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Chinadotcom Axes 48 in China

In a sharp reminder that Internet scale-backs aren't just hitting the U.S., chinadotcom Corp. Friday laid off 48 of its staff from its portal division in China as part of a consolidation move.

One of the most successful Net firms in China, chinadotcom said 22 people were cut in Beijing, 16 in Shanghai and 10 in Guangzhou. Seventeen of the Hong Kong employees were from editorial, 10 from marketing, and 21 from administrative and support functions.

The cuts were made just two days after the firm took a 7 percent stake in online advertising network 24/7 Media Inc. under an agreement that expanded their existing business alliance.

In an interview with InternetNews.com Friday, Craig Celek, vice president of investor relations at the New York office, said the cuts represented an "attempt to achieve cost efficiencies in our China operation."

"We've scaled up, going from 238 in July 1999 to 2,136 today after the cuts," Celek said, adding that the lay-offs represented 2 percent of the division's workforce. "These were non-essential portal jobs. As with any growing business, you hire for what you think you're going to need, but sometimes that changes. It's our duty to let our shareholders know."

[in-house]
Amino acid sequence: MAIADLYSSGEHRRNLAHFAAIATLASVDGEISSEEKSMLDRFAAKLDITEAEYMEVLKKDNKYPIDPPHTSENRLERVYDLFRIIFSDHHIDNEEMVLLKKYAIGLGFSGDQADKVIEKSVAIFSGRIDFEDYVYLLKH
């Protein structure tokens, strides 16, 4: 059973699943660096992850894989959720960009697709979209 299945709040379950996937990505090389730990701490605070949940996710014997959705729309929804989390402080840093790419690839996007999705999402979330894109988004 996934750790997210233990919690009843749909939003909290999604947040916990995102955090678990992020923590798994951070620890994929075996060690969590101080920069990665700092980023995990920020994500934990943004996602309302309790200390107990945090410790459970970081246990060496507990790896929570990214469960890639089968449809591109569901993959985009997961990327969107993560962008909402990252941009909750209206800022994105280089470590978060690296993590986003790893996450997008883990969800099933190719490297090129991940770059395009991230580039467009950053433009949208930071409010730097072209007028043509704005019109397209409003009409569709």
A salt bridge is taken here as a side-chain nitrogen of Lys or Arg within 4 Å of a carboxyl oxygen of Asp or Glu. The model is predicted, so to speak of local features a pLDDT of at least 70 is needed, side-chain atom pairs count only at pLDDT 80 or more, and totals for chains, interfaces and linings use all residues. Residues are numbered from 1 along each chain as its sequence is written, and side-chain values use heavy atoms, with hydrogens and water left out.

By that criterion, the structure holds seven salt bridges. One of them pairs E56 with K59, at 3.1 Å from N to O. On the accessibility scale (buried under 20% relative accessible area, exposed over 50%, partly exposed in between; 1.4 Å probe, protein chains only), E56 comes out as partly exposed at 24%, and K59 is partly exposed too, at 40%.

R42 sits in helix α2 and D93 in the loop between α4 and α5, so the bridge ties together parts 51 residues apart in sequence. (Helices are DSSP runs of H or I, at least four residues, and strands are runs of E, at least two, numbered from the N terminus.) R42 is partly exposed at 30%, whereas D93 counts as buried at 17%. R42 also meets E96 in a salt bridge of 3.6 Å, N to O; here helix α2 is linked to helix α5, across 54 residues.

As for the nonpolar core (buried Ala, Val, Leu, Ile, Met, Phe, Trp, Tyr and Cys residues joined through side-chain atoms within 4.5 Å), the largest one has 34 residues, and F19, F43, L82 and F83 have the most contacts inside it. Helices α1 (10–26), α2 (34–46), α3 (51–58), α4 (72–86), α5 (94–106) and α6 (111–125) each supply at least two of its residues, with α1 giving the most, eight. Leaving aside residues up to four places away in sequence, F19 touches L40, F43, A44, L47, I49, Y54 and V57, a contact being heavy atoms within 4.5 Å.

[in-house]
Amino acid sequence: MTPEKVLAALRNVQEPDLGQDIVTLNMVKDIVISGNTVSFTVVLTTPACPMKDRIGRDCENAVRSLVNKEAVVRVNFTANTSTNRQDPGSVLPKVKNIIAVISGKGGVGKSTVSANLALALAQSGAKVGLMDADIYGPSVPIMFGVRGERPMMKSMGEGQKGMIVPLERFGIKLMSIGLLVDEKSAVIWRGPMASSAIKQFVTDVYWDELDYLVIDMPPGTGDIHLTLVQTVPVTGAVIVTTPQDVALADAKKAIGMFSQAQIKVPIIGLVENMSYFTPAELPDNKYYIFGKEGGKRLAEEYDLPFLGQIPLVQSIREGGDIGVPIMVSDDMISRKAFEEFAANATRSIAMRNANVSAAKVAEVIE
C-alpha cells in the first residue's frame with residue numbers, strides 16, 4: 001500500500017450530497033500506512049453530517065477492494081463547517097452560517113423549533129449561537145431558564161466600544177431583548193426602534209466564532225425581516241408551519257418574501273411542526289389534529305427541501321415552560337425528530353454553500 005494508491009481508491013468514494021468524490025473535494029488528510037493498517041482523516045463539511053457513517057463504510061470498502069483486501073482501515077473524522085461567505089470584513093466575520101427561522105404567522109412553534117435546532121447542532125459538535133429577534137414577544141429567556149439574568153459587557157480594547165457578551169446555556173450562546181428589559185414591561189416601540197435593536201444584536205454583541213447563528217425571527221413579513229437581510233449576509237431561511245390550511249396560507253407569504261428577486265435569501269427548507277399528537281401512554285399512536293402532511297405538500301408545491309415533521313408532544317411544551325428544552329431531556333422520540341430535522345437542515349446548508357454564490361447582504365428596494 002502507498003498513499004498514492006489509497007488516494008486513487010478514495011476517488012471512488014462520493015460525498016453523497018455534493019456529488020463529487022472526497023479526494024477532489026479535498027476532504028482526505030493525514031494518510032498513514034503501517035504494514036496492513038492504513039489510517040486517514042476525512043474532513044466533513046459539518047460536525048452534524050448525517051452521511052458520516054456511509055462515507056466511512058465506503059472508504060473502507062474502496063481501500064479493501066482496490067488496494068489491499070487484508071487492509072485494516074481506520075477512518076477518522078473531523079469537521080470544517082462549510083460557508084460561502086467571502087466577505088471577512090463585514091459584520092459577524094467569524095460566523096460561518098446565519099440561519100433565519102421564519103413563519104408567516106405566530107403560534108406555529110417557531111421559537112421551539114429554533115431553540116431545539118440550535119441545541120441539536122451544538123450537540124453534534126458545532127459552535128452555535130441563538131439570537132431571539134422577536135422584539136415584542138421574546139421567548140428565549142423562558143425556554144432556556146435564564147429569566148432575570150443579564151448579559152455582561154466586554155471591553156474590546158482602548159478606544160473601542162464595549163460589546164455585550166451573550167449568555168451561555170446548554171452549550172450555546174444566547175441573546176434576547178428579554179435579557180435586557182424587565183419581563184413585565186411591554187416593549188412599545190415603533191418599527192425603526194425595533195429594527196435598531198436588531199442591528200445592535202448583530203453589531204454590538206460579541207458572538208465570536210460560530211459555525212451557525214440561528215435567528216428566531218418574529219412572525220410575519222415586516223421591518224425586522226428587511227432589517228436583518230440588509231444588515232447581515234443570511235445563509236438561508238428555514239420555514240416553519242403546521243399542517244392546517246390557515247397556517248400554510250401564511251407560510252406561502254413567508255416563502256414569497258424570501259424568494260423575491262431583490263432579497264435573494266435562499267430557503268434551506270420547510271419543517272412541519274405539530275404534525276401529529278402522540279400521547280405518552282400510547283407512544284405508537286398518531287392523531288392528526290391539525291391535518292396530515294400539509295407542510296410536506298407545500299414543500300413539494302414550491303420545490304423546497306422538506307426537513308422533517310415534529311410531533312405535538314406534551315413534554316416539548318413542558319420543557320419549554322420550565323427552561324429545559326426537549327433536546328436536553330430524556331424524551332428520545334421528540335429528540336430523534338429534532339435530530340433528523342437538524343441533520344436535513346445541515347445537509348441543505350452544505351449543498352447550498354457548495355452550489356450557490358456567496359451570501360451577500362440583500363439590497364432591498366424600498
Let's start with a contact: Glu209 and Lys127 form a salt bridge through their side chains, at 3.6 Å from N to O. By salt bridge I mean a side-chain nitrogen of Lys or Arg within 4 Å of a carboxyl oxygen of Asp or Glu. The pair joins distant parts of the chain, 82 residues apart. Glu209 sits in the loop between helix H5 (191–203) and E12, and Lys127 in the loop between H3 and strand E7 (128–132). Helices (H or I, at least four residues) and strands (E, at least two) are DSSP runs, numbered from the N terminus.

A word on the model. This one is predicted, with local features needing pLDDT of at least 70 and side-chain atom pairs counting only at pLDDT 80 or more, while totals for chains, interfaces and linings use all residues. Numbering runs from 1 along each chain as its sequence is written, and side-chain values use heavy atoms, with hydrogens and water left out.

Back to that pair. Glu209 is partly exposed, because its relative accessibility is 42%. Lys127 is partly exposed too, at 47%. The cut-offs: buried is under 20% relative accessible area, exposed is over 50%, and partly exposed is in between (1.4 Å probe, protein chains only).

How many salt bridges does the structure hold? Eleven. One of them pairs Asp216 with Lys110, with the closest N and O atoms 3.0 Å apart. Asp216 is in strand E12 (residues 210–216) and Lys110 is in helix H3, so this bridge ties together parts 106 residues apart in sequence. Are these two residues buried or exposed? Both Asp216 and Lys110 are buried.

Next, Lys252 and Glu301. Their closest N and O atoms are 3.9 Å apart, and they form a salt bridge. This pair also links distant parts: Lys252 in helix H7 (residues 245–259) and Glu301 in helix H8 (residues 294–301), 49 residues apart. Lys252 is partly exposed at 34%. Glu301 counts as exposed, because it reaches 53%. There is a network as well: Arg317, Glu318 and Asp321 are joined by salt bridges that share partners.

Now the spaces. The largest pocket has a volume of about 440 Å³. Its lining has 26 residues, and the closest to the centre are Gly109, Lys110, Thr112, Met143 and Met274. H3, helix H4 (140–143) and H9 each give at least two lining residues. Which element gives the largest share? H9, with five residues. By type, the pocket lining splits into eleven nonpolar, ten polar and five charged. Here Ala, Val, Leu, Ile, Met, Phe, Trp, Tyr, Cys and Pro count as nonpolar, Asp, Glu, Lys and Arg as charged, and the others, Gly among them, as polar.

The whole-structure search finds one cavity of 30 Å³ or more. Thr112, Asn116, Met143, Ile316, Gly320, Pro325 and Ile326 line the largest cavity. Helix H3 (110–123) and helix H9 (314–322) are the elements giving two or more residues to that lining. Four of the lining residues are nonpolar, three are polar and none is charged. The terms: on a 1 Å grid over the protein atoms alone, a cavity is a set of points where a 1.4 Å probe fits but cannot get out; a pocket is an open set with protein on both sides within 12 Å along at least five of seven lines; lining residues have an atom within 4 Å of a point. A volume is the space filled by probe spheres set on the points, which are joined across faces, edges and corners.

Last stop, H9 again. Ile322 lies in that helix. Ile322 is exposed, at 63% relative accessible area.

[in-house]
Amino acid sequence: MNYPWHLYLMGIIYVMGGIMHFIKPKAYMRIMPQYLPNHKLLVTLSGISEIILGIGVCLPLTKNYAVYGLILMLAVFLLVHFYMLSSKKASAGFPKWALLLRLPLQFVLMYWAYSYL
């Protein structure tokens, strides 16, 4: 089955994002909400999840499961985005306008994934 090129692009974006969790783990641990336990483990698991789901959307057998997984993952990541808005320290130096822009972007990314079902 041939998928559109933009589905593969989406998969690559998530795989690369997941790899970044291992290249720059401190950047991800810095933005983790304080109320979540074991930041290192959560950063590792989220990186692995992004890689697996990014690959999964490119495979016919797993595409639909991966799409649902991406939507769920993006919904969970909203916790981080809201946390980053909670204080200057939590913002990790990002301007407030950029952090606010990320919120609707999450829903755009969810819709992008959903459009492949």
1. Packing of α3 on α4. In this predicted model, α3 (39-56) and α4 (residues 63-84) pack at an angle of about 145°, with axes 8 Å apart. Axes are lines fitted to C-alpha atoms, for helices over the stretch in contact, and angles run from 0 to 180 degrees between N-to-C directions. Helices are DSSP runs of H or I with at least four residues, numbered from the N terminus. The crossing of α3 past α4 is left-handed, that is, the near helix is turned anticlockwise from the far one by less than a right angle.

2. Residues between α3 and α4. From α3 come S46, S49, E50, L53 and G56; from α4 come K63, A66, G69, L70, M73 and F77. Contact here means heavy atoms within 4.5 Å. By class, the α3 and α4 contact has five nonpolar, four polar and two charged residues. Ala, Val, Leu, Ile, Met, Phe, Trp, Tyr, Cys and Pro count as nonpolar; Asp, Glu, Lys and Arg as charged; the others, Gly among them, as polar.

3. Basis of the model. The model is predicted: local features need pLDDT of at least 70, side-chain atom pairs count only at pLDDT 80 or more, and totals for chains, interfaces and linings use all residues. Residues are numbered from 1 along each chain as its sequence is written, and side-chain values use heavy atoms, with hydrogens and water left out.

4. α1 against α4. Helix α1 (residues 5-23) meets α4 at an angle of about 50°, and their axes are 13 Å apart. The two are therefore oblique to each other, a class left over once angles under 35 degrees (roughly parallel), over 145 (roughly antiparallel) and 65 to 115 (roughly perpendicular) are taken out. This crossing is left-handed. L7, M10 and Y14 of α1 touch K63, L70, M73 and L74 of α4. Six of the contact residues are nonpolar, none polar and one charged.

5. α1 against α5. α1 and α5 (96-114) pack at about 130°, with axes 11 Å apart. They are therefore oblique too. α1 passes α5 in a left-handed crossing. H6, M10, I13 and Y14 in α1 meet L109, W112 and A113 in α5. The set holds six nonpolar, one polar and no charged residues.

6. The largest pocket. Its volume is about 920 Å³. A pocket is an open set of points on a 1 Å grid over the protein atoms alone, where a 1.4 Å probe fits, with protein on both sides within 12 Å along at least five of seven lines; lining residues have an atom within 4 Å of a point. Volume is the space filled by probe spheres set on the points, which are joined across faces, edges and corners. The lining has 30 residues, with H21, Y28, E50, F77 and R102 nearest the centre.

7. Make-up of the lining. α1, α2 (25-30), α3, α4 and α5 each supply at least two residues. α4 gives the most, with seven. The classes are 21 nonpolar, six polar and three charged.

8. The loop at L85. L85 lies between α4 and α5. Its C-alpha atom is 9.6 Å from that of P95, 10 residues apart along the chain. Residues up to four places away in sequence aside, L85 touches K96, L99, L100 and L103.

Celek also noted that the people were let go because they could not be absorbed either for their location or degree of skill.

"We needed to maintain our road to profitability," Celek said. "But we are expanding aggressively in our Web solutions division."

Celek was quick to note that chinadotcom was not the only firm in China commencing lay-offs.

Indeed not.

Online media network Hongkong.com, a unit of Chinadotcom, recently laid off about 40 out of its 200 employees while China-focused online media network Tom.com fired 80 of its 500 employees in July.

City Telecom (Hong Kong) Ltd. cut 200 jobs in its broadband access arm and two Internet publishing units of Next Media Ltd. also cut about 100 jobs in July.

chinadotcom features three major divisions -- Web solutions, portal solutions and online advertising services.

In the U.S., August saw the forfeiture of Living.com's home furniture business when it cut 275 employees last week and closed up shop. Two weeks ago, Kozmo.com postponed its initial public offering due to the instability of e-commerce firms in the market in addition to laying off 30 and 40 people, or about one percent of its total staff, from its headquarters office in New York City.

That was marginal compared to the 275 employees it whittled from its field service dispatch trunk in early August last week. In June, the company cut 24 jobs from its headquarters office.



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